Summary: Failing Forward By John C Maxwell
Summary: Failing Forward By John C Maxwell

Summary: Failing Forward By John C Maxwell

Realize There Is One Major Difference Between Average People and Achieving People

Look at the way any achiever approaches negative experiences, and you can learn a lot about how to fail forward. Read through these two lists, and determine which one describes your approach to failure:

Failing Backward               Failing Forward

  • Blaming Others   • Taking Responsibility
  • Repeating the Same Mistakes   • Learning from Each Mistake
  • Expecting Never to Fail Again  • Knowing Failure Is a Part of Progress
  • Accepting Tradition Blindly   • Challenging Outdated Assumptions
  • Being Limited by Past Mistakes  • Taking New Risks
  • Thinking I am a Failure   • Believing Something Didn’t Work
  • Quitting   • Persevering

Think about a recent setback you experienced. How did you respond? No matter how difficult your problems were, the key to overcoming them doesn’t lie in changing your circumstances. It’s in changing yourself. That in itself is a process, and it begins with a desire to be teachable. If you’re willing to do that, then you’ll be able to handle failure. From this moment on, make a commitment to do whatever it takes to fail forward.


Learn a New Definition of Failure

How can you help yourself learn a new definition of failure and develop a different perspective concerning failure and success? By making mistakes. Chuck Braun of Idea Connection Systems encourages trainees to think differently through the use of a mistake quota. He gives each student a quota of thirty mistakes to make for each training session. And if a student uses up all thirty? He receives another thirty. As a result, the students relax, think of mistakes in a whole new light, and begin learning.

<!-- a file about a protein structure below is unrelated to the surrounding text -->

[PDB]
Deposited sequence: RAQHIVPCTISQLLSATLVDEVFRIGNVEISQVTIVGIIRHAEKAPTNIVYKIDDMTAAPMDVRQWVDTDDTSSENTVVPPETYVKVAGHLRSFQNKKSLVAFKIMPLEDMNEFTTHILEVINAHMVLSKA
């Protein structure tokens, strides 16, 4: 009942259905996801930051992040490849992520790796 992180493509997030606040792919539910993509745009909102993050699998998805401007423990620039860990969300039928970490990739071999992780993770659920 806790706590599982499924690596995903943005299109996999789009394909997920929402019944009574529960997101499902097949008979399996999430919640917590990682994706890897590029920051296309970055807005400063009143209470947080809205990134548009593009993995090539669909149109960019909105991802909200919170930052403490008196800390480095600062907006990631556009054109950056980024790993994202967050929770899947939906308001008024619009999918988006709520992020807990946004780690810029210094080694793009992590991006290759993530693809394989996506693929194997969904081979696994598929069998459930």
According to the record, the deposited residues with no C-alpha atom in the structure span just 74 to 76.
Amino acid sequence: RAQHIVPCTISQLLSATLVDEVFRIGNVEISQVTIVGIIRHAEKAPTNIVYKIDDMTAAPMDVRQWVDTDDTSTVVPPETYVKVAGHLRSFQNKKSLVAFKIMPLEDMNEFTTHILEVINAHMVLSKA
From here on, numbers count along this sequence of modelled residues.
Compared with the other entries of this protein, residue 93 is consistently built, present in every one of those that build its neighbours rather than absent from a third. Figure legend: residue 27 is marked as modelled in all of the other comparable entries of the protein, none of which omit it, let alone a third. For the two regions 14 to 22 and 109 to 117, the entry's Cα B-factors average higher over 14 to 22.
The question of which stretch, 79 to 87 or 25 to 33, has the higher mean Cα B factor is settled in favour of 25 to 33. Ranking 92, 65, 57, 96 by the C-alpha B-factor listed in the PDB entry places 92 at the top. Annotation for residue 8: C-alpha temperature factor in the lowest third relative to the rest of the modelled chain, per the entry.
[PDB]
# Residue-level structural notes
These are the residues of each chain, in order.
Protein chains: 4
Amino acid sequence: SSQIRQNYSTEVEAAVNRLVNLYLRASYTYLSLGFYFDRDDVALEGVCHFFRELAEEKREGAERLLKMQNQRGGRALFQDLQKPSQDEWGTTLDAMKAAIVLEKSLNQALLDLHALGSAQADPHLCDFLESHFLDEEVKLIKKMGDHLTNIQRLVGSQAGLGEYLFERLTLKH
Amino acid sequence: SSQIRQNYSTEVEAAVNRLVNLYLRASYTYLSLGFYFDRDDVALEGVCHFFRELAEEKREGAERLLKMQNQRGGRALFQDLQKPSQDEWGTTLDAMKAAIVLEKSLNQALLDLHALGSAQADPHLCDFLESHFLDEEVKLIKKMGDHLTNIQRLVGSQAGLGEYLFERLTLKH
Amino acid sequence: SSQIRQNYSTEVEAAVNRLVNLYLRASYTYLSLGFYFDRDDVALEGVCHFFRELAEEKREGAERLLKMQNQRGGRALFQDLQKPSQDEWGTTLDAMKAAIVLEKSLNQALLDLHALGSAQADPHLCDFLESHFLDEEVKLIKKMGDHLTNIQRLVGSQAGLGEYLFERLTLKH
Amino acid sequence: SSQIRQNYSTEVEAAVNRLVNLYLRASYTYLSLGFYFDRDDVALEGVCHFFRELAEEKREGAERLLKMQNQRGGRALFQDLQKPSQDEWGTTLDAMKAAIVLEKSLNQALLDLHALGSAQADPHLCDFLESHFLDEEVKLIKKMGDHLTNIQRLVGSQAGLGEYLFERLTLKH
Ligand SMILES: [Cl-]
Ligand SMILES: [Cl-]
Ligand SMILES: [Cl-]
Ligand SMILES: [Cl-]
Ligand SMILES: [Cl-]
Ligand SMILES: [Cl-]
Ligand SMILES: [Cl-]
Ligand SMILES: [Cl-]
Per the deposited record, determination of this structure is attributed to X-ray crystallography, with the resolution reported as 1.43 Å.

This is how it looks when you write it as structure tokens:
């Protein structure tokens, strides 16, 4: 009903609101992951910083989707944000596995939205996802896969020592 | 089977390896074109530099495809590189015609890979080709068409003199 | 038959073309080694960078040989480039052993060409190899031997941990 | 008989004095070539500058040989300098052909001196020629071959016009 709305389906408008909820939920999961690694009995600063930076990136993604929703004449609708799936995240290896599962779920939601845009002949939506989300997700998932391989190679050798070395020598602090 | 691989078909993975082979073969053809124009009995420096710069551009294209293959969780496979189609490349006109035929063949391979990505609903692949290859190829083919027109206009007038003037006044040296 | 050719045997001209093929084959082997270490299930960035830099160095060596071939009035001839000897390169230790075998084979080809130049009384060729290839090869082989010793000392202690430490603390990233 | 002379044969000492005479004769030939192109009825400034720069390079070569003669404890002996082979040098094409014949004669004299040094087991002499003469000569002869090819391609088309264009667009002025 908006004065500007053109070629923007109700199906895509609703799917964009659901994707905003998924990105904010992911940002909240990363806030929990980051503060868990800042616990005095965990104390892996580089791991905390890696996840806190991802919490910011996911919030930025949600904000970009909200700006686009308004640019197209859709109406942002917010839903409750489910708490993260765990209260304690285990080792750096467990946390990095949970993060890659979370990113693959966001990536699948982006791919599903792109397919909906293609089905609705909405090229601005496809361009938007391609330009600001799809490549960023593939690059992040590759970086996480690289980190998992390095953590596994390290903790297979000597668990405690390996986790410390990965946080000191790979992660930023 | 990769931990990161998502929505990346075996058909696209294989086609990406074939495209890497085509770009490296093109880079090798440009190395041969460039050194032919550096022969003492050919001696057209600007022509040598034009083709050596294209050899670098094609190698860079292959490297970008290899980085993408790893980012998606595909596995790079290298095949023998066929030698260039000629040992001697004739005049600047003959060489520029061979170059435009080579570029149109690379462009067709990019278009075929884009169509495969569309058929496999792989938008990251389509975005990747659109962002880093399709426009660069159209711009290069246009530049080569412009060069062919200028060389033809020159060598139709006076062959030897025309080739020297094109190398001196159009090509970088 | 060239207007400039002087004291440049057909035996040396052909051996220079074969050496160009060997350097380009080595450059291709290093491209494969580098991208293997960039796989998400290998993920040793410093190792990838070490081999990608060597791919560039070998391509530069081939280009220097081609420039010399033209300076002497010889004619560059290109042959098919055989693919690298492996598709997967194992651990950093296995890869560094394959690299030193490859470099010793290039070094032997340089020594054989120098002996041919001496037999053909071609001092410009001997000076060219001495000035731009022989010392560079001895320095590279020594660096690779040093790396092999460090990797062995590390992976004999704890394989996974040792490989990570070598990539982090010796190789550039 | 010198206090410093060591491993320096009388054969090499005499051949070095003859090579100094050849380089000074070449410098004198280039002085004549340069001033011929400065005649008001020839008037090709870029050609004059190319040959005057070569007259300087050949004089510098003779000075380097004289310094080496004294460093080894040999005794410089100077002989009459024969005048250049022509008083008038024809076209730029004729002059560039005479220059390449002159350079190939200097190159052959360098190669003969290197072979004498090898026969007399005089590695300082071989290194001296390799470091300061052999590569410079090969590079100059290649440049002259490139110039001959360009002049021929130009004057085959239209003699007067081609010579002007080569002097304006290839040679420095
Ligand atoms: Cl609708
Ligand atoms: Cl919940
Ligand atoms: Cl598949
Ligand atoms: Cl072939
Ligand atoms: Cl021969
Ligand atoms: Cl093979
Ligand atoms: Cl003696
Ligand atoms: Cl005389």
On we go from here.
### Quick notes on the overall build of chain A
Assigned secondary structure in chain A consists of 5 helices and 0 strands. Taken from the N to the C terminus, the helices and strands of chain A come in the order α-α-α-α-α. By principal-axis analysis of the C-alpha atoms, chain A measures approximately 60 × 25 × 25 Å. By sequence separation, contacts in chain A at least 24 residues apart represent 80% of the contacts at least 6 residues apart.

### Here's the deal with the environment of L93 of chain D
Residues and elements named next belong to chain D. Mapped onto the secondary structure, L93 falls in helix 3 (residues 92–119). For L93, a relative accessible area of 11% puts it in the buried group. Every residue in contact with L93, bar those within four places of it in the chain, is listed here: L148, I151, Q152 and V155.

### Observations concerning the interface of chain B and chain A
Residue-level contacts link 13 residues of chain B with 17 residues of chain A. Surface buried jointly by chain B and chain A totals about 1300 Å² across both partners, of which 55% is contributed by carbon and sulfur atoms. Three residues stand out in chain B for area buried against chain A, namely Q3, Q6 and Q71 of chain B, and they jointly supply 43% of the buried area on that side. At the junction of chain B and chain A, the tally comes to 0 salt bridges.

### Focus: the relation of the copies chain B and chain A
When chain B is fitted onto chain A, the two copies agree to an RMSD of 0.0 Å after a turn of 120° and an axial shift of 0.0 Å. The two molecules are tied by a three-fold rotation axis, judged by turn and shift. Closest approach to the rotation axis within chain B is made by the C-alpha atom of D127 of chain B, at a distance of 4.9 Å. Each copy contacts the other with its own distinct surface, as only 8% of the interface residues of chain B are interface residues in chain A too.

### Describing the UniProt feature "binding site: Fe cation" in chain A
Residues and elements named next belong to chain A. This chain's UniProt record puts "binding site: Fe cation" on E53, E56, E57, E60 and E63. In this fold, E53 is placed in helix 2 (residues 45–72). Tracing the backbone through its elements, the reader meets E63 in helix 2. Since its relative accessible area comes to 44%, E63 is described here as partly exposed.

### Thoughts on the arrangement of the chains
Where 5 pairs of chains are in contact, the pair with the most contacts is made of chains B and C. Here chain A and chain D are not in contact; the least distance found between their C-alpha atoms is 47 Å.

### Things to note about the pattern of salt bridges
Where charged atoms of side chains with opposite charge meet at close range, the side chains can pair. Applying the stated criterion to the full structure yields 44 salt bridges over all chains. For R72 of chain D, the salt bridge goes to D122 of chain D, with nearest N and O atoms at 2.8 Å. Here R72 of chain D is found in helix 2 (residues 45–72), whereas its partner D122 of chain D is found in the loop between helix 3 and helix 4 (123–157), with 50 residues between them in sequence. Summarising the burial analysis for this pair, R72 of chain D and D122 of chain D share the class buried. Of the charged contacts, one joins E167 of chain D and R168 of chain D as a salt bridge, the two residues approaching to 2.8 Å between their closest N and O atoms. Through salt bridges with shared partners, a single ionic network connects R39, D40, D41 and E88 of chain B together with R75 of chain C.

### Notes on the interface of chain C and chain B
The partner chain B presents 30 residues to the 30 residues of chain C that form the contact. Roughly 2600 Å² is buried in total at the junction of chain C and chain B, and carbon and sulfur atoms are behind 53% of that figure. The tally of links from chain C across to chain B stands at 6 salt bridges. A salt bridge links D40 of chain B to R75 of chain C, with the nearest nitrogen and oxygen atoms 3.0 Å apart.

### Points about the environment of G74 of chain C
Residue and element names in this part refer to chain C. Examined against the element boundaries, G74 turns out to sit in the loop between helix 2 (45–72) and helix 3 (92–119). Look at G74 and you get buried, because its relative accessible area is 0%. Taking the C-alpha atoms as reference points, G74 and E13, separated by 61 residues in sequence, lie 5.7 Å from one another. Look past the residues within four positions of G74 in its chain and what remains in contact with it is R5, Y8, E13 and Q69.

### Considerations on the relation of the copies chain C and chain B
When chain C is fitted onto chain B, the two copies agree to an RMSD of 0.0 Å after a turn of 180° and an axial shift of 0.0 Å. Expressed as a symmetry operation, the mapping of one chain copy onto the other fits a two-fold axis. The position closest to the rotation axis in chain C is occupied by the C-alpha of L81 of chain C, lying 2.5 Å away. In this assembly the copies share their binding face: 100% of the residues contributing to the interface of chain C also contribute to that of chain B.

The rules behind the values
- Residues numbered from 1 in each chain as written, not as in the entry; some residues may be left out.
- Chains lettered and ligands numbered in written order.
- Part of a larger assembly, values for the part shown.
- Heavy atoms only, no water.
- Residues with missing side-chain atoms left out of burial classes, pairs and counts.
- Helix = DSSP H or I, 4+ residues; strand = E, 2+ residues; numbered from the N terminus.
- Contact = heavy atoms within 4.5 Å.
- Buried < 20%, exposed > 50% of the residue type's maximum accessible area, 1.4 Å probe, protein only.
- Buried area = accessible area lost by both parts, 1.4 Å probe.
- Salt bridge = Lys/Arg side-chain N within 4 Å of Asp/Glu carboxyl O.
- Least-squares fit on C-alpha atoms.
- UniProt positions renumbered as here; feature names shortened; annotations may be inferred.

As you approach your next big project or assignment, give yourself a reasonable mistake quotient. How many mistakes should you expect to achieve? Twenty? Fifty? Ninety? Give yourself a quota, and try to hit it before bringing the task to completion. Remember, mistakes don’t define failure. They are merely the price of achievement on the success journey.


Remove the “You” from Failure

If you’ve been thinking of yourself as a failure, you can break yourself out of that negative thinking pattern. Look at an area of your life where you have repeatedly failed, and do the following:

  • Examine your expectations for that area. Write them down. Are they realistic? Do you expect to do everything perfectly? Do you expect to succeed on the first try? How many mistakes should you expect to make before you succeed? Adjust your expectations.
  • Find new ways to do your work. Brainstorm at least twenty new approaches, and then try at least half of them.
  • Focus on your strengths. How can you use your best skills and personal strengths to maximize your effort?
  • Vow to bounce back. No matter how many times you fall down, pick yourself up and keep going.

Don’t wait until you feel positive to move forward. Act your way into feeling good. That’s the only way to start thinking more positively about yourself.


Take Action and Reduce Your Fear

What objective essential to your success are you most afraid of tackling right now? Write what it is here: